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Thu, June 27

City continues to formulate process for distributing money from homeless donation meters

Tyler Goodman, assistant to Prescott’s city manager, empties a homeless donation station located at the intersection of Union and Cortez streets Friday morning, June 1. John Heiney, the city’s community outreach manager, holds a bag open for Goodman. (Max Efrein/Courier)

Tyler Goodman, assistant to Prescott’s city manager, empties a homeless donation station located at the intersection of Union and Cortez streets Friday morning, June 1. John Heiney, the city’s community outreach manager, holds a bag open for Goodman. (Max Efrein/Courier)

Based on the hundreds of coins deposited so far, the community is responding to the City of Prescott’s new Change for the Better program.

Prescott Special Projects and Legislative Coordinator Tyler Goodman reported that he made the first collection on May 18 of the change that had been deposited in the parking-style meters designated as “homeless donation stations.”

photo

The dollar signs ($) show the placement of the homeless donation stations around the square. (Courtesy)

The tally in that collection: About $175.

“Three of the four meters were completely full,” Goodman said of the meters, which are located at four high-profile spots in downtown Prescott.

Goodman and Community Outreach Manager John Heiney collected the change again on Friday, June 1. While the total was down from the first collection, Heiney noted that one of the meters had been jammed and was unable to accept donations – a problem that he said would be fixed.

Overall, Goodman and Heiney say the first month or so of the program that aims at discouraging panhandling appears to be working.

“I think it’s going well,” Heiney said. “There just needs to be more awareness. I think it’s a word-of-mouth process.”

Goodman expects the donation totals to go up as the tourist season gets busier during the summer months. As the money is accumulated, the city will begin distributing it to organizations that help the homeless.

“If we get a couple hundred dollars a week, we might distribute it every other month,” Goodman said.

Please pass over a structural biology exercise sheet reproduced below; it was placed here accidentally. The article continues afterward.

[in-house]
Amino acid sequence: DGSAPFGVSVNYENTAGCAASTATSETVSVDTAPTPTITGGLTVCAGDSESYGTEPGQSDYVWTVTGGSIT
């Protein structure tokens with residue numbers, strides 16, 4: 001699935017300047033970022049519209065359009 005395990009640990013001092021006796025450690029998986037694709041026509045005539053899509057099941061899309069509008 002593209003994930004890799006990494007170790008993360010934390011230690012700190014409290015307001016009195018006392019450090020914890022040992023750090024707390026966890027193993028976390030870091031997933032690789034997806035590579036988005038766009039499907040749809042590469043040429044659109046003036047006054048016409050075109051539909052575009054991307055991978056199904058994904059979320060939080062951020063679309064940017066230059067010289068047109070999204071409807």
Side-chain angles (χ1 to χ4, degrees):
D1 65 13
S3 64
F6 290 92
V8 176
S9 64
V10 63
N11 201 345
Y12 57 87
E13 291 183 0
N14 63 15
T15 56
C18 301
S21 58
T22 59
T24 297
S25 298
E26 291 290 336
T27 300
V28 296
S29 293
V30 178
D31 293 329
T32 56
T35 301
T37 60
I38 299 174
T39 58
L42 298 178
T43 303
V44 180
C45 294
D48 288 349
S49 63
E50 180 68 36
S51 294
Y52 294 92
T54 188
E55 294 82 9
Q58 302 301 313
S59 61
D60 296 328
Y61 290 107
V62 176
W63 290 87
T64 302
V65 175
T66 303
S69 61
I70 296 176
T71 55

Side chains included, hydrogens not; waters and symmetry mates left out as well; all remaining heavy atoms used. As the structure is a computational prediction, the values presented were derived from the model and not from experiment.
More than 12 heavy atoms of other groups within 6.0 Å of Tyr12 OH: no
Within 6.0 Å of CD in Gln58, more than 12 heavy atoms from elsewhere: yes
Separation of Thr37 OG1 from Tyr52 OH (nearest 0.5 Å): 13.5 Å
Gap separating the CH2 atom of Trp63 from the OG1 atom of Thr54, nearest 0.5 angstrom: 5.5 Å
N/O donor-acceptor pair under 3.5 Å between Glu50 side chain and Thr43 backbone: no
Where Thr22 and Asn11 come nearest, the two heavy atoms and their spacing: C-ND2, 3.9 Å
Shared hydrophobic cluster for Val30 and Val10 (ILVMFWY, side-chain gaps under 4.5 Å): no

Heiney said the process for distribution is still being formulated. “Nothing has moved forward yet, but there will be a qualification process for the agencies,” he said.

Although the pre-qualification process will not be overly involved, Heiney said the city wants to ensure that the groups getting the money are helping the homeless.

In addition to the meter proceeds, Goodman said early reports indicate that panhandling activity is down.

“Anecdotally, we’ve been hearing that yes, there are fewer panhandlers,” said Goodman.

The program launched about a month ago, after the Prescott City Council supported the multi-pronged effort to discourage panhandling.

Among the other steps:

• Signs at busy corners urging passersby not to give to panhandlers.

• Donation boxes placed in businesses and churches to help raise additional money.

• A program to put homeless people to work helping to maintain city rights-of-way and facilities.

• “Defensive architecture,” such as armrests on park benches to discourage people from lying down.

• Paid ambassadors to walk the downtown streets to provide information and security.

• A marketing program.

In addition to the meters, the city has also distributed about five of the donation boxes to area churches and businesses. Goodman encourages more businesses to pick up a donation box at Prescott City Hall.

The defensive architecture measures have also already been installed —mostly through armrests placed on city benches. Goodman said the armrests were installed on 33 benches.

He added that the measures do not extend to the Yavapai County Courthouse Plaza, because that area is under the county’s jurisdiction.

The details of the work program are still being formulated as well. Goodman said the program will be administered by the Coalition for Compassion and Justice, and the city will pay for work as it is done around the community — up to $10,000.

The city’s website states that the program will offer “work opportunities for those who choose to work rather than panhandle.”

Information about the Change for the Better program is available online on the city’s website at: www.cityofprescott.net.

Goodman said the web page would soon begin publishing how much is collected through the meters and donation boxes, as well as when the donations will be distributed.

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